Yom Kippur

Tikkun HaBris

In Likutei Moharan 29 Rebbe Nachman states that complete removal of the stain of sin can only be achieved through rectification the limbs through tikkun ha’bris (rectification of “the covenant” – i.e. sexual sins – or circumcision). Rebbe Nosson now develops this theme.

The above expresses a certain aspect of Yom Kippur. For Yom Kippur was established for forgiveness and atonement – through the tikkun ha’bris that was performed on it, as in the verse: “For on that very/b’etzem day Avraham was circumcised”. Avraham was the first person to engage in tikkun ha’bris; he was the first person to be given a circumcision. And since it was done on Yom Kippur (according to the holy books), this day was then fixed for future generations as a day of atonement and forgiveness – for sins are whitened through tikkun ha’bris. This is the meaning of our Rabbi’s words: “The power/itzumo of the day atones”, for it relates to the verse “on that very/b’etzem day Avraham was circumcised”.

Later on, [after the Sin of the Golden Calf], Hashem was gladly appeased by Moshe, saying “I have forgiven you”. This is also an aspect of forgiveness for p’gam ha’bris/blemish of the covenant (sexual transgression). For the Sin of the Golden Calf was also p’gam ha’bris, as our Sages teach: “The Jewish nation only worshipped idols in order to permit themselves openly engaging in forbidden relations”. And since p’gam ha’bris was forgiven and rectified at that time, hence it was fixed for forgiveness for future generations.

And this is the explanation of “I have forgiven you, according to your words”. “According to your words” – because according to the tikkun/rectification of speech, so is [the measure of] forgiveness (see LM 29).

Consequently, all the Temple service of Yom Kippur was done solely by the Cohen Gadol/High Priest. For cohanim/priests embody the concept of sh’miras ha’bris/guarding of the covenant (i.e. sexual purity), as in (Devarim 33:10): “They shall teach Your judgments to Ya’acov and Your Torah to Yisrael… (33:9) for they kept Your commandment and Your b’ris/covenant”. It also says regarding cohanim that “they shall be holy”, where holiness is delineated by our sages as being “in any place that you find a fence for immorality”. They are warned regarding marital matters more than other Jews. And the Cohen Gadol is cautioned with even more prohibitions and bears greater holiness, as it says: “He is holy to his G-d”. His holiness lies in his purity in sexual matters. He is warned regarding forbidden marital matters more than non-cohanim – and even more than cohanim.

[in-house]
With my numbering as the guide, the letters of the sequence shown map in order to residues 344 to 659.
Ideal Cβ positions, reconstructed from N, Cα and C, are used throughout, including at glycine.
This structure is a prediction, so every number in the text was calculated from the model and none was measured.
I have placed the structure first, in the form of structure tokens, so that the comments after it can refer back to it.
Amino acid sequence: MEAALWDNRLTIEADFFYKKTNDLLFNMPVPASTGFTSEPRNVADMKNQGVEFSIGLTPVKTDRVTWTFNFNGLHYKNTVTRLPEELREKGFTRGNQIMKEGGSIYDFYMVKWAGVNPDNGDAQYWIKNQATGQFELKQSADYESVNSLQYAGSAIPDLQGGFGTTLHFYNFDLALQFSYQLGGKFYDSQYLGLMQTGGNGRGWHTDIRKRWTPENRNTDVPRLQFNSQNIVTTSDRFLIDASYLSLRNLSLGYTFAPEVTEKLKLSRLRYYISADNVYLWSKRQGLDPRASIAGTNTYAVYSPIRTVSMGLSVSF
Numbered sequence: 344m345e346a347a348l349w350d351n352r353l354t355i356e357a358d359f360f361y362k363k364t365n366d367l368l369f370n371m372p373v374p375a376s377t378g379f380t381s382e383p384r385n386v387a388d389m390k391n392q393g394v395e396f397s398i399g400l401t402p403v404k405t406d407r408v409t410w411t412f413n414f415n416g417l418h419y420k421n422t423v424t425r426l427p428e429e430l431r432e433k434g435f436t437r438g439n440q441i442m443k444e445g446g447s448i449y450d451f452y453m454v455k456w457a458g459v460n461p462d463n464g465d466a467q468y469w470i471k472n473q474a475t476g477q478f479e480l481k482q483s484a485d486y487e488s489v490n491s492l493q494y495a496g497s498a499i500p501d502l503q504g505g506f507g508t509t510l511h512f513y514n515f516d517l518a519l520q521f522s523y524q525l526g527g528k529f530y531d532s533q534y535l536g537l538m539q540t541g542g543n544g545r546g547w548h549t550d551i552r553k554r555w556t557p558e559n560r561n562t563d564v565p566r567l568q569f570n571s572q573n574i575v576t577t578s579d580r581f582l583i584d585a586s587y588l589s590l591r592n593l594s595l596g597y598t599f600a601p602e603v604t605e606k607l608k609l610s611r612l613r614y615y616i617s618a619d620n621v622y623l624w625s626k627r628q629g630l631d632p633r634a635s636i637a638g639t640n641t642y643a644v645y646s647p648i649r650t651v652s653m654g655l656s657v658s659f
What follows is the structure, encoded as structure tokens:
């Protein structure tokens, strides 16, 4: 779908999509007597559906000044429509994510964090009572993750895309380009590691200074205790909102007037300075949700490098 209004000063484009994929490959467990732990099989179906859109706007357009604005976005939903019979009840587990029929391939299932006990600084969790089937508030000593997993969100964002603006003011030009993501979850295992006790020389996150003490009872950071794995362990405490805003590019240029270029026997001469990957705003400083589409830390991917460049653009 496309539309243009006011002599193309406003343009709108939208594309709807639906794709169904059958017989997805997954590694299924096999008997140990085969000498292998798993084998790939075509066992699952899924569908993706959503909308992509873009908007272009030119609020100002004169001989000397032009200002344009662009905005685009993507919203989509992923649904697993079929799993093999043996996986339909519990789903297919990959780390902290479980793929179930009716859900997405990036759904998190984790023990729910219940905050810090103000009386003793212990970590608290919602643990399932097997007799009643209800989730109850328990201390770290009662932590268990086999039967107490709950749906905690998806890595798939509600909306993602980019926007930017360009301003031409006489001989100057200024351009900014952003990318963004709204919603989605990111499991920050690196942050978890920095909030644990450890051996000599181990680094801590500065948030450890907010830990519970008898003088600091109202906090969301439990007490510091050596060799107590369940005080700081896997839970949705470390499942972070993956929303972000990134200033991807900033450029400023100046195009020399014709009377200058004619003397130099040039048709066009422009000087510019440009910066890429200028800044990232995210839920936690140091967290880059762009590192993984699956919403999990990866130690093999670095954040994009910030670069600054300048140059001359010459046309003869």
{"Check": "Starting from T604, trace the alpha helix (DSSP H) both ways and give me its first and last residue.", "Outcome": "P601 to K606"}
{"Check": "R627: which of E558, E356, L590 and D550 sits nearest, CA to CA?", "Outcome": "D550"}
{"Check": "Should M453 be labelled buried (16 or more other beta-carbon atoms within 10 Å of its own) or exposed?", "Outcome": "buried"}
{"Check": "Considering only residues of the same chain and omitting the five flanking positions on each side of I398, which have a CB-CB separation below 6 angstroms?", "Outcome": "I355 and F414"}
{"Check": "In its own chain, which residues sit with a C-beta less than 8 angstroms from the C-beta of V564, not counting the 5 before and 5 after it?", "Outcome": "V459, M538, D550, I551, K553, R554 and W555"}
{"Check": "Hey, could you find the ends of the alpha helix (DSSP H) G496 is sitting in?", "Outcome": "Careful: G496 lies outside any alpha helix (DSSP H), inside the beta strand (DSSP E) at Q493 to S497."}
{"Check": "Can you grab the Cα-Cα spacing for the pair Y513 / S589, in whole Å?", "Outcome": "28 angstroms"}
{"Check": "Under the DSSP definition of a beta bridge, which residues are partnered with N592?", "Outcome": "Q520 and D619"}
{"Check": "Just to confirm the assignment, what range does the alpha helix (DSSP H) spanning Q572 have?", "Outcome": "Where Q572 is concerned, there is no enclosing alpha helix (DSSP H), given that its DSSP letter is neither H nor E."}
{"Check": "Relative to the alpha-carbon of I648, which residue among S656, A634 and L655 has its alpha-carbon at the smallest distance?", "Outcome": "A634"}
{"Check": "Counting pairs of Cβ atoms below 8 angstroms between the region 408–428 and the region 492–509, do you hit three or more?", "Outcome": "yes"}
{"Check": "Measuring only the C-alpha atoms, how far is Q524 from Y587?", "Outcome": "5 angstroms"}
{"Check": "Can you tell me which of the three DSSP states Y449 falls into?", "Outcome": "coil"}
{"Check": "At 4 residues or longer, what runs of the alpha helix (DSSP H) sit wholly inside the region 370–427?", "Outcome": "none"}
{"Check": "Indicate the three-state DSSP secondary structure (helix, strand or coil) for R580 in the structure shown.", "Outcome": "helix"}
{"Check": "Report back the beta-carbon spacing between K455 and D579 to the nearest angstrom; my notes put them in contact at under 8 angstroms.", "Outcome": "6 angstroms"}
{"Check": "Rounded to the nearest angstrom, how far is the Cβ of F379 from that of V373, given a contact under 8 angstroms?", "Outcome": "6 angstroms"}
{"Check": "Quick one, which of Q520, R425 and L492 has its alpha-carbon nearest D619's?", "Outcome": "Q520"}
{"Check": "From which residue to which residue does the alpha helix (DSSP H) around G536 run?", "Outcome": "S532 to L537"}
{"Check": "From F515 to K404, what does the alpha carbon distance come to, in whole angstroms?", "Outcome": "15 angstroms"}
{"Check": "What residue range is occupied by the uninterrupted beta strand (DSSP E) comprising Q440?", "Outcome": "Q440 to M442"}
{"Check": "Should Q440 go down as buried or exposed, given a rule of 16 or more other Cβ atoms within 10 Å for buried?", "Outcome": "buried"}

Therefore the Temple service of Yom Kippur, which atones for sins, is only valid if done through the Cohen Gadol. For the Cohen Gadol is the only one that can raise ha’da’as/holy awareness (the synthesis of loving kindness and judgment) and draw upon the Heavenly force that whitens our sins, through the kedushas ha’bris/the holiness of the Covenant [i.e. sexual purity].

This relates to the verse regarding the Cohen Gadol (Vayikra 21:10): “upon whose head is poured the oil of anointment”, which is an aspect of da’as elyon/Supernal awareness. The Cohen Gadol attains this through the kedushas ha’bris, as indicated by the proximity of the verse dealing with kedushas ha’bris: “He may not marry a widow or a divorcee…for he is holy”. For one matter is dependant on the other.

Correspondingly, they would go to great lengths to guard the Cohen Gadol from an involuntary bodily emission, since the entire Yom Kippur service and its forgiveness component depend on this. Thus, they would stay awake the entire night. For this is tikkun ha’bris through the subjugation of [the concept of] sleep that relates to the idea of targum (translation of Hebrew into one of the 70 root languages), as explained elsewhere.

In addition, it is imperative that the Cohen Gadol be married, since an unmarried man has a quality of p’gam ha’bris. Consequently, the death of Aharon’s sons, whose sin was being unmarried, is mentioned in the Torah next to the Yom Kippur service (and is actually read on Yom Kippur). Their unmarried state made them unqualified to enter the place that they did and caused their removal. For it is only possible to enter the Holy of Holies and draw upon the da’as elyon through complete tikkun ha’bris.

When it is mentioned elsewhere that the sons of Aharon had sinned by entering in a drunken state, it refers to the concept of “wine enters and secrets emerge” (as explained in LM 29). For everything is the same idea and one is dependant on the other.

Hilchos Yom HaKippurim 1

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